The penultimate race of the F1 season ended in what has been deemed by many a quite controversial manner. Many fans have voiced confusion over the safety car procedure that happened in the last few laps and the appeals that Mercedes lodged with the FIA. ATRL’s Kristina Agresta takes you through the final laps, the appeals, and the possible future of this championship below.
The Abu Dhabi GP was set to be one of the most exciting events on the calendar, with the two championship rivals level on points before the season finale. After a great start from P2, Lewis Hamilton dominated the race and seemed almost set to win both the race and championship. The tide turned for the 7-time world champion when on lap 53, Williams’ Nicholas Latifi crashed after spinning at the exit of Turn 14.
To allow the marshalls to safely recover Latifi’s car and clear the debris on track, the FIA brought out the safety car. This is where the confusion for teams and fans alike began. Verstappen pitted for new soft tyres under the safety car, hoping to gain a slight advantage in his fight through the backmarkers to Hamilton if the safety car went in before the end of the race. Initially, Michael Masi and Race Control declared that lapped cars would not be overtaking the safety car before it went in. On lap 57, Race Control stated that the 5 lapped cars between Verstappen and Hamilton would in fact overtake the safety car before the restart. This included Norris, Alonso, Ocon, Leclerc, and Vettel. The safety car then went into the pits before lap 58, so there would be a return to green flag racing for one last lap.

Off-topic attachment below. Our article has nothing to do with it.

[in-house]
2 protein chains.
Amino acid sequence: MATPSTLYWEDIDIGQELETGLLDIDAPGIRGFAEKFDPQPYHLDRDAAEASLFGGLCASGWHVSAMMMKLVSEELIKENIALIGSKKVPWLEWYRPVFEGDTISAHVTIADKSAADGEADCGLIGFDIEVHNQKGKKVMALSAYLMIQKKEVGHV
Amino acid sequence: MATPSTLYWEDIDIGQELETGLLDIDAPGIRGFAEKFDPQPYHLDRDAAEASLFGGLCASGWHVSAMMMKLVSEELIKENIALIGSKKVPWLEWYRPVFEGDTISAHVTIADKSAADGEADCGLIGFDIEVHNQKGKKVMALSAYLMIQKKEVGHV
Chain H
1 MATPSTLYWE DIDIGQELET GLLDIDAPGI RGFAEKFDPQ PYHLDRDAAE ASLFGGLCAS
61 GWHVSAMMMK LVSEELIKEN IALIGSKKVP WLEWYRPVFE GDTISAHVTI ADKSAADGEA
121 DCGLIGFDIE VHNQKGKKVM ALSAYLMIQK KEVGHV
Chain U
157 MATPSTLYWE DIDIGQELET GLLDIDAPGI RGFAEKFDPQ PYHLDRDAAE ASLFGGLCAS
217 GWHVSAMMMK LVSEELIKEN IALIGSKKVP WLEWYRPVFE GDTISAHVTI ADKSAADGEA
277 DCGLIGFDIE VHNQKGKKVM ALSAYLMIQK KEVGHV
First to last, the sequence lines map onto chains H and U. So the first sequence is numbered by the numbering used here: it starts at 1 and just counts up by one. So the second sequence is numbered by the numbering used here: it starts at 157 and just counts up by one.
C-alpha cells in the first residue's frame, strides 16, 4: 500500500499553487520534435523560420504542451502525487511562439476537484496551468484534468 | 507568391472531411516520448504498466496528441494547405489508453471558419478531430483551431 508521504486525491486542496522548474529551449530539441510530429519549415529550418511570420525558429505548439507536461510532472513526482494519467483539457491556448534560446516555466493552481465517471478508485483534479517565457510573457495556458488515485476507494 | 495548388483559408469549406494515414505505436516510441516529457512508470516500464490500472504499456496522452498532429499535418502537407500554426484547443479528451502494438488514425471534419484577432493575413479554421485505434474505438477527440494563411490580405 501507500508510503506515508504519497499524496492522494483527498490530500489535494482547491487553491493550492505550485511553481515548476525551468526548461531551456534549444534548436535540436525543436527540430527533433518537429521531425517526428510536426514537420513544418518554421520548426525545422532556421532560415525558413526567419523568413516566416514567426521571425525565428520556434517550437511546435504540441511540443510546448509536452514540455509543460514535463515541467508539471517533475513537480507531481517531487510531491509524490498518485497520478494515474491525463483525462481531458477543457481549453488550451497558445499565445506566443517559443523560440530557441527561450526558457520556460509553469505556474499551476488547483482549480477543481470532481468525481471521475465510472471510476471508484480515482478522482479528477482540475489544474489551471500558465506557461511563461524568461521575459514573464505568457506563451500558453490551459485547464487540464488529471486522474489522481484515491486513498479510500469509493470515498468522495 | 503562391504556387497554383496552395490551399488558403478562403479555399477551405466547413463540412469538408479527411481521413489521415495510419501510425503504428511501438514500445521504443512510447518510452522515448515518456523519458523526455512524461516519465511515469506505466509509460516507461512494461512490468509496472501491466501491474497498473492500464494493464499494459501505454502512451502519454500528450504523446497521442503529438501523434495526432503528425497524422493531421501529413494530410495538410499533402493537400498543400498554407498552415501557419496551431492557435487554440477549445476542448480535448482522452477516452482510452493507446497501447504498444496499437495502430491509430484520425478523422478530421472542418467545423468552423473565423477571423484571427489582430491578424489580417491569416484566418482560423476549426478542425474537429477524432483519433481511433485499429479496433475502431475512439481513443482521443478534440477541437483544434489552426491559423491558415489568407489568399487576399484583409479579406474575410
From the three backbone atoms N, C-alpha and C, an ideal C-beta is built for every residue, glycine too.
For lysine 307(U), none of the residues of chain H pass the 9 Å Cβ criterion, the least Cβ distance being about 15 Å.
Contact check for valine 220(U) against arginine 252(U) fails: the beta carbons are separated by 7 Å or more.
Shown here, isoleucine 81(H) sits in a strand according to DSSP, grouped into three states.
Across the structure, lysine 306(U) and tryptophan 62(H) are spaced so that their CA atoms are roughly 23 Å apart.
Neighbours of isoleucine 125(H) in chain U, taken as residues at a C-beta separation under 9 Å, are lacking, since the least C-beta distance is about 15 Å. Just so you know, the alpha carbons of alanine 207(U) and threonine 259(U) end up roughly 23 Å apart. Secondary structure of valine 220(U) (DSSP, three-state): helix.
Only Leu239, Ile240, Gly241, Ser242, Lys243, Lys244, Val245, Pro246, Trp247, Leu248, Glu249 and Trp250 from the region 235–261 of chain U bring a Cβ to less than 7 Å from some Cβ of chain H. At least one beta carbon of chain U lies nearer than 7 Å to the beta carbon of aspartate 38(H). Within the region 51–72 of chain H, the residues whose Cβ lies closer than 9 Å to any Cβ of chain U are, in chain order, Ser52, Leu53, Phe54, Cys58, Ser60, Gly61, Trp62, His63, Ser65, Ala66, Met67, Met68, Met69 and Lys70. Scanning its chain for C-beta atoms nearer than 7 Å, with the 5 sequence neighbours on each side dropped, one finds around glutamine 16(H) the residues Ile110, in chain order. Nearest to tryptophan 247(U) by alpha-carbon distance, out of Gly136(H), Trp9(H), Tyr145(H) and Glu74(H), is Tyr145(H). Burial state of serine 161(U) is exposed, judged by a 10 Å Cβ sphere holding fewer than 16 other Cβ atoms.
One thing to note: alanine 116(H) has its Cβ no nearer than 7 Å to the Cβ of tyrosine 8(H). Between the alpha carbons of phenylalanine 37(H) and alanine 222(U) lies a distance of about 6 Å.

Verstappen went on to win the race and the championship, but Mercedes lodged a double complaint with the FIA post-race to challenge two moments. The first was Verstappen coming up close to Hamilton before the safety car restart. The second was a complaint against the FIA themselves for not following their own safety car regulations. The first complaint was dismissed, and Mercedes will not be appealing it; however, their protest against the FIA will go to the FIA’s International Court of Appeal.